Make sure to also include your focus page group. These audit crawls will take some time, so you will likely need to return for the results several hours or a day later.
3. Fix Any Technical SEO Issues That Arise from the Audit
One of the great things about running an SEO audit crawl on your website is that you will normally find several “low hanging fruit” items that are easy fixes with big impact.
One example is a university I worked with that had slow page load times across their website. It turned out that three images in the footer on almost all pages were completely non optimized and several hundred kilobytes each! Without any development time, they were able to change the graphics and drastically improve their page speed.
Other frequent items that may come up in your audit include pages with missing meta descriptions (which affect how your site looks on search results pages and how likely a user might click your link over your competitors), and other, similar, easy to fix items. Address any of these that you can do quickly.
4. Research Keywords for Each Page, And the Page Group as A Whole
Next, it’s time for keyword research. Many, many options exist for getting this done. Your SEO tool should have several ways to get this done, and then there are supplemental services such as the Google Ads Keyword Tool and Answer The Public that can help generate more ideas.
I recommend creating a document with focus keywords for each page, primary and secondary, and then for the page group as a whole where there are commonalities. The common attributes could include your geographic location, the type of organization, the particular section of your site, or many other factors.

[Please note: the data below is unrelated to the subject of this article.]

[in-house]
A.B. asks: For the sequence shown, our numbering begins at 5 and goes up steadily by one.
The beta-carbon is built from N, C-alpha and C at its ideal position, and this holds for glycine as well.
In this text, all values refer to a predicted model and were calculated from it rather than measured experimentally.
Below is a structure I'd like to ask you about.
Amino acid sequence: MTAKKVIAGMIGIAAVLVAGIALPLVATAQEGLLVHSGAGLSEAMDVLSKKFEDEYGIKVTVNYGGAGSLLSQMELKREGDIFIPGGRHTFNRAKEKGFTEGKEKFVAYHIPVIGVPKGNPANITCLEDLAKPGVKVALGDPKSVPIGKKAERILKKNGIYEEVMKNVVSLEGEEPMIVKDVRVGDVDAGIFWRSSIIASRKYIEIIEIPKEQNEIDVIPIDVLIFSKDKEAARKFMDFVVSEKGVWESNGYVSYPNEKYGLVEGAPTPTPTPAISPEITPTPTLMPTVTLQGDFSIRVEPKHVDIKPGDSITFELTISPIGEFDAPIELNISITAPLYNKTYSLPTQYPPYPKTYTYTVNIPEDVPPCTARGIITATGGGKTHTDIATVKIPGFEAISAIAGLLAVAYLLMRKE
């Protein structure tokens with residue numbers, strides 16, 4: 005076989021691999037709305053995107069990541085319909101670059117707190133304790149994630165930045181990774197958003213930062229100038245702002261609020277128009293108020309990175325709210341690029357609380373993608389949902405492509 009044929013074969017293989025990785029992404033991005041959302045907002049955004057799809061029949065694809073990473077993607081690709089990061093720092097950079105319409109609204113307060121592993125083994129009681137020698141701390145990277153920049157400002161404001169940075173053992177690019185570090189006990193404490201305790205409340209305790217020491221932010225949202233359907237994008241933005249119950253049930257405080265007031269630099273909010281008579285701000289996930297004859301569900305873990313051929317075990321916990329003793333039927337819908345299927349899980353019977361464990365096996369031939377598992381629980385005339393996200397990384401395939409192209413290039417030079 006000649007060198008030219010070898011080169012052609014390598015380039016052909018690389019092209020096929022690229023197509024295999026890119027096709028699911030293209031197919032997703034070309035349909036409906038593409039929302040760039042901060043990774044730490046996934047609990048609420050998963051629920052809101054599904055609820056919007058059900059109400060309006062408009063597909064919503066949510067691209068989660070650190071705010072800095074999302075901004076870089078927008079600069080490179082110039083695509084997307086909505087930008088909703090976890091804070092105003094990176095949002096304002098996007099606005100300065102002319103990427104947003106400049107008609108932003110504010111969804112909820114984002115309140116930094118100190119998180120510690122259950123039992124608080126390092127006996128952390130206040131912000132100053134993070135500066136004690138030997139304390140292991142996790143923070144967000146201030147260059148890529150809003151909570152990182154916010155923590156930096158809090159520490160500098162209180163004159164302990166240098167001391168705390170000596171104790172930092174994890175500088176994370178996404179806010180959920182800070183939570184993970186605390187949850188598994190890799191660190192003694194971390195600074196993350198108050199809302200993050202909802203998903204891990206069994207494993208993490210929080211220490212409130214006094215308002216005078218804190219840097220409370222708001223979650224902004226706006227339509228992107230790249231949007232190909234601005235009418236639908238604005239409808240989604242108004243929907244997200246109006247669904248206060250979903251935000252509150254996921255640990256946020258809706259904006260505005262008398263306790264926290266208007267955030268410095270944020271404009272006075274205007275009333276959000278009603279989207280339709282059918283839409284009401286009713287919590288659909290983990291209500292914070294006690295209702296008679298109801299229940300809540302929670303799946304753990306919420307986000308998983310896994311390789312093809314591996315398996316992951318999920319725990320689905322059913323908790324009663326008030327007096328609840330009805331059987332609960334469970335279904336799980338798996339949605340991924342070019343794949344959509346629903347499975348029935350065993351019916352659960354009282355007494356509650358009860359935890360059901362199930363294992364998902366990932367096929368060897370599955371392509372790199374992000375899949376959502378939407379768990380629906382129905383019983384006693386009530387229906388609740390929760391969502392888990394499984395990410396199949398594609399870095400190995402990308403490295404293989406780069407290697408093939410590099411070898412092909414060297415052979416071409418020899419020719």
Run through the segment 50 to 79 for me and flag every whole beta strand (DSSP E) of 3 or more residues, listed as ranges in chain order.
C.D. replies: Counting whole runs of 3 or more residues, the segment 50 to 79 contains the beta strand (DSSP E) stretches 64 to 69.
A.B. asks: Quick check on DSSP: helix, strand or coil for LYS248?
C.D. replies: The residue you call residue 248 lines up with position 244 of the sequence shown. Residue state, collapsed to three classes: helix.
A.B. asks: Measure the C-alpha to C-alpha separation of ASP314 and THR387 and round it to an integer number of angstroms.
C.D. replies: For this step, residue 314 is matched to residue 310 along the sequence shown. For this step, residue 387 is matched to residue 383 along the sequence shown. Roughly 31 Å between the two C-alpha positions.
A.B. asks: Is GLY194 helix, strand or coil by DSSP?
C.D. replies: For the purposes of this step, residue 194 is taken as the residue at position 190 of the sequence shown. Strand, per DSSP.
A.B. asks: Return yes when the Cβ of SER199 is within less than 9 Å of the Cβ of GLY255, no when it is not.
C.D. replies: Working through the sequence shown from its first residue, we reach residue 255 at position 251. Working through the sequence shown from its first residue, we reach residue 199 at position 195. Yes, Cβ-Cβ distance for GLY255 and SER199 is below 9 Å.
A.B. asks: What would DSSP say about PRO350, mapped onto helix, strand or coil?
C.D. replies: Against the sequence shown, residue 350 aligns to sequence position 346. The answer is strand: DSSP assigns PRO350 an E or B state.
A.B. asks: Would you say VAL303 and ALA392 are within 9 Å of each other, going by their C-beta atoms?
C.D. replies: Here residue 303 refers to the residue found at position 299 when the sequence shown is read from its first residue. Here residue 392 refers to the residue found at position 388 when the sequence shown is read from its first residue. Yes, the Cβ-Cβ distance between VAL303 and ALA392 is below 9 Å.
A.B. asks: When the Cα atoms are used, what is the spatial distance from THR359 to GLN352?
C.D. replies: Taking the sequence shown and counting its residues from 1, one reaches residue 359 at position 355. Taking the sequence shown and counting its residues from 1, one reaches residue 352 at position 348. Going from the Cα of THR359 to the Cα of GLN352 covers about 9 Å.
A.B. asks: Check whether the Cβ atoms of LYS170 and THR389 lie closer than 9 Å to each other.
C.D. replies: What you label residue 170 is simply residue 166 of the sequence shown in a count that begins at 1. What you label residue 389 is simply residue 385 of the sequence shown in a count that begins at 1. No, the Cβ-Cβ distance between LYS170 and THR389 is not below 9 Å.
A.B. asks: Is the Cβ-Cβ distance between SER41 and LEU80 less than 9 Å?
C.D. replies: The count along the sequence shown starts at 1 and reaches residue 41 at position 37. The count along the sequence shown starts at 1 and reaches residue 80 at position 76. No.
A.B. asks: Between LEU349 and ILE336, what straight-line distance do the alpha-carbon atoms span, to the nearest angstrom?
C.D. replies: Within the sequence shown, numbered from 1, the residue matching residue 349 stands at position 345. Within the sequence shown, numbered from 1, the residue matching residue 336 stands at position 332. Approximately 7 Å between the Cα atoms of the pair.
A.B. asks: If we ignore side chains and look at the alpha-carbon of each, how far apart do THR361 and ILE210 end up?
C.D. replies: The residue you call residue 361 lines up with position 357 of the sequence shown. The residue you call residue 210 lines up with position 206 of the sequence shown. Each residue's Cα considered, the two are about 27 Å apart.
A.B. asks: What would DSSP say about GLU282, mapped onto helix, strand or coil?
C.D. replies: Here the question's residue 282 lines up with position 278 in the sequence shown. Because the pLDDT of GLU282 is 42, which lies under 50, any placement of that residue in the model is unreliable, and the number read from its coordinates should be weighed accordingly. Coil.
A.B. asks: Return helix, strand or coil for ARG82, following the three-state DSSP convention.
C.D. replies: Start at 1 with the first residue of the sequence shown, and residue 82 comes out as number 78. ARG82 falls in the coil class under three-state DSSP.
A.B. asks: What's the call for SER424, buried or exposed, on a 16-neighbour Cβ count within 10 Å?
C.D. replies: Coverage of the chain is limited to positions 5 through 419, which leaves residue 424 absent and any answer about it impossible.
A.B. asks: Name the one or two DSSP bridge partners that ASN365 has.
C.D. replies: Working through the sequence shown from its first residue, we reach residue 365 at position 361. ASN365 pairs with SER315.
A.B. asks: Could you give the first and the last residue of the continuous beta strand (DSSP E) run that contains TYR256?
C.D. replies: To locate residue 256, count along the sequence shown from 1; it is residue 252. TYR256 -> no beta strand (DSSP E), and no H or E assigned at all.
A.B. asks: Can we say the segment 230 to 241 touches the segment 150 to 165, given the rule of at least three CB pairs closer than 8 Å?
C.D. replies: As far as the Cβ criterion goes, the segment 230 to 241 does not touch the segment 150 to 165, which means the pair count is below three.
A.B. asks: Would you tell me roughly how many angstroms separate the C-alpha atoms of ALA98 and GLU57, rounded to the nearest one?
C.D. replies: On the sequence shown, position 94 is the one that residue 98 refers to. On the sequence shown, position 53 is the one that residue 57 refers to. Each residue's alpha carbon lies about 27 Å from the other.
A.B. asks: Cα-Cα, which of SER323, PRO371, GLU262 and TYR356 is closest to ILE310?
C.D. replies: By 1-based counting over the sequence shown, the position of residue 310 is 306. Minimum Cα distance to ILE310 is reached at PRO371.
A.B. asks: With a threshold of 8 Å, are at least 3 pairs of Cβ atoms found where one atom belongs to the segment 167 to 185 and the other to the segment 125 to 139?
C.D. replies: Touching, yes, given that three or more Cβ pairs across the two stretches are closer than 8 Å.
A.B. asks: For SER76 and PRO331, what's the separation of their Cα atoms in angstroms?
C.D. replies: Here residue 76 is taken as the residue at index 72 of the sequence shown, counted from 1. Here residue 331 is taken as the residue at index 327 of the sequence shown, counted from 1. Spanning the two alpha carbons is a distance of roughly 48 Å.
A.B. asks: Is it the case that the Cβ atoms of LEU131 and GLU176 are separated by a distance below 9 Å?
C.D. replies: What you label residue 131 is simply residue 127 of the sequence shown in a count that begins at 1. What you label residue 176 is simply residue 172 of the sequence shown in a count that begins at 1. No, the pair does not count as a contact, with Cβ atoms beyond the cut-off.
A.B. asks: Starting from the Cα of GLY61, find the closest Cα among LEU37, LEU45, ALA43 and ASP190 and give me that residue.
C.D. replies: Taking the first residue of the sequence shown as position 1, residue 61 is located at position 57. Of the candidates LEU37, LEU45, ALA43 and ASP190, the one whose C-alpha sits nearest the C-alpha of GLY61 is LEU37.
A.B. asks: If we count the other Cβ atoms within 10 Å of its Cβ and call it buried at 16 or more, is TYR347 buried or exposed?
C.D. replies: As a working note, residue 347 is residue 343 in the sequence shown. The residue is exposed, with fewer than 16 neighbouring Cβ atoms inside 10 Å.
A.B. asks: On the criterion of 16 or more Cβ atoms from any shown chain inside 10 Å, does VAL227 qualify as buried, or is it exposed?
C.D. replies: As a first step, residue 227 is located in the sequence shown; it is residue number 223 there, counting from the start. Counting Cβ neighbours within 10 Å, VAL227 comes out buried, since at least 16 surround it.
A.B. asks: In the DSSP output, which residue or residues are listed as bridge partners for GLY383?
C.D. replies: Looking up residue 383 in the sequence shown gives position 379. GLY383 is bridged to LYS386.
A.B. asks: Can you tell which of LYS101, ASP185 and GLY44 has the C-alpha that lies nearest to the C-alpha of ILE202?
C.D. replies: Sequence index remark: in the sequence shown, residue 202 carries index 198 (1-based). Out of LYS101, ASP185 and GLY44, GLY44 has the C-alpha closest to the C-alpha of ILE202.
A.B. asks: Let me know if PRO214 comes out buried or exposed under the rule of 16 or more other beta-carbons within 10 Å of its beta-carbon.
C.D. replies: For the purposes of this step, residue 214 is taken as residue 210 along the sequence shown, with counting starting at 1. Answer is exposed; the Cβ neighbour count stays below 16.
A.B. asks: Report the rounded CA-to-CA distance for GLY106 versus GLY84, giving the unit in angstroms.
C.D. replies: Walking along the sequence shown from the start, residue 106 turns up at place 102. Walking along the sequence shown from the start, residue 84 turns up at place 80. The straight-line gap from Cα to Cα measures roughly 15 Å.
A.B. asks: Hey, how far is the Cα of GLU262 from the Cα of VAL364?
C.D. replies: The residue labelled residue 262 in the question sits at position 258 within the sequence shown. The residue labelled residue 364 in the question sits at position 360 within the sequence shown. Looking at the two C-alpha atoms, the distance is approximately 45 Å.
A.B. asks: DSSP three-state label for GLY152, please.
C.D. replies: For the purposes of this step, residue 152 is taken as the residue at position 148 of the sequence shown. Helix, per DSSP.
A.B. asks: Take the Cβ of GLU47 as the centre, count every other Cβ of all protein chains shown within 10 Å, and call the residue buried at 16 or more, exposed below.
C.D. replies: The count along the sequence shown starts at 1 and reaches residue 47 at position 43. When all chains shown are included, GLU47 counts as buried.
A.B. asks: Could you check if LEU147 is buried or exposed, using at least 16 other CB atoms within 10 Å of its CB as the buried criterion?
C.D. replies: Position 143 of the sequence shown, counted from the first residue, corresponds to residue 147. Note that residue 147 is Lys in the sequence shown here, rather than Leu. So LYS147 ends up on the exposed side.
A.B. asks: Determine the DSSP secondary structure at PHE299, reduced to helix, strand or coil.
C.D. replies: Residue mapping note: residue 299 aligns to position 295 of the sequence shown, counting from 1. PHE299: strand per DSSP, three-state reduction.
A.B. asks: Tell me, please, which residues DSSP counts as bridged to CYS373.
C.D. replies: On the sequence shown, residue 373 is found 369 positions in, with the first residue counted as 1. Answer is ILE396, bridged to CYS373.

5. Evaluate Draft Pages for Their Keyword Density Against Your Research
Your writer (you do have a writer, don’t you?) should be able to take your keyword recommendations and content direction to produce a new draft of each page in your optimization group.
Once you have drafts in hand, look them over closely for:
- Keyword density: are the keywords you want to focus on mentioned enough times and spaced out enough throughout the document? A rule of thumb would be to have your primary keywords appear 5 times on average, while your secondary keywords are inserted at least twice. This is assuming that the length of your new page is at least 600-700 words.
- Relevant cross-links: the new pages should link to your existing content several times where it makes sense to do so. This could include linking to news, your services, or anything else that’s relevant. Also make sure those links have keywordsin them and not generic words like “click here.”
- Readability: do they still make sense and are easy to read for users, not just search engines?
6. Launch Your Updated Search Optimized Pages, And Assess Every 90 Days
Once you’re happy with your page drafts, it’s time for lift off! Update your pages with the new content. Give them time to “age in” and don’t do a performance check too early. It can often take new content 90 days or more to truly shine in the SERP.
Your SEO tools and Google Analytics can help show whether you’re seeing improvement with the new page content over time. A good pace for evaluation is to report on page performance and look for both wins and areas for improvement every quarter or so.
Look for overall organic search visits, specific keyword performance, and gaps or possibilities for further gains down the road. SEO is never static, and the rules are always in flux.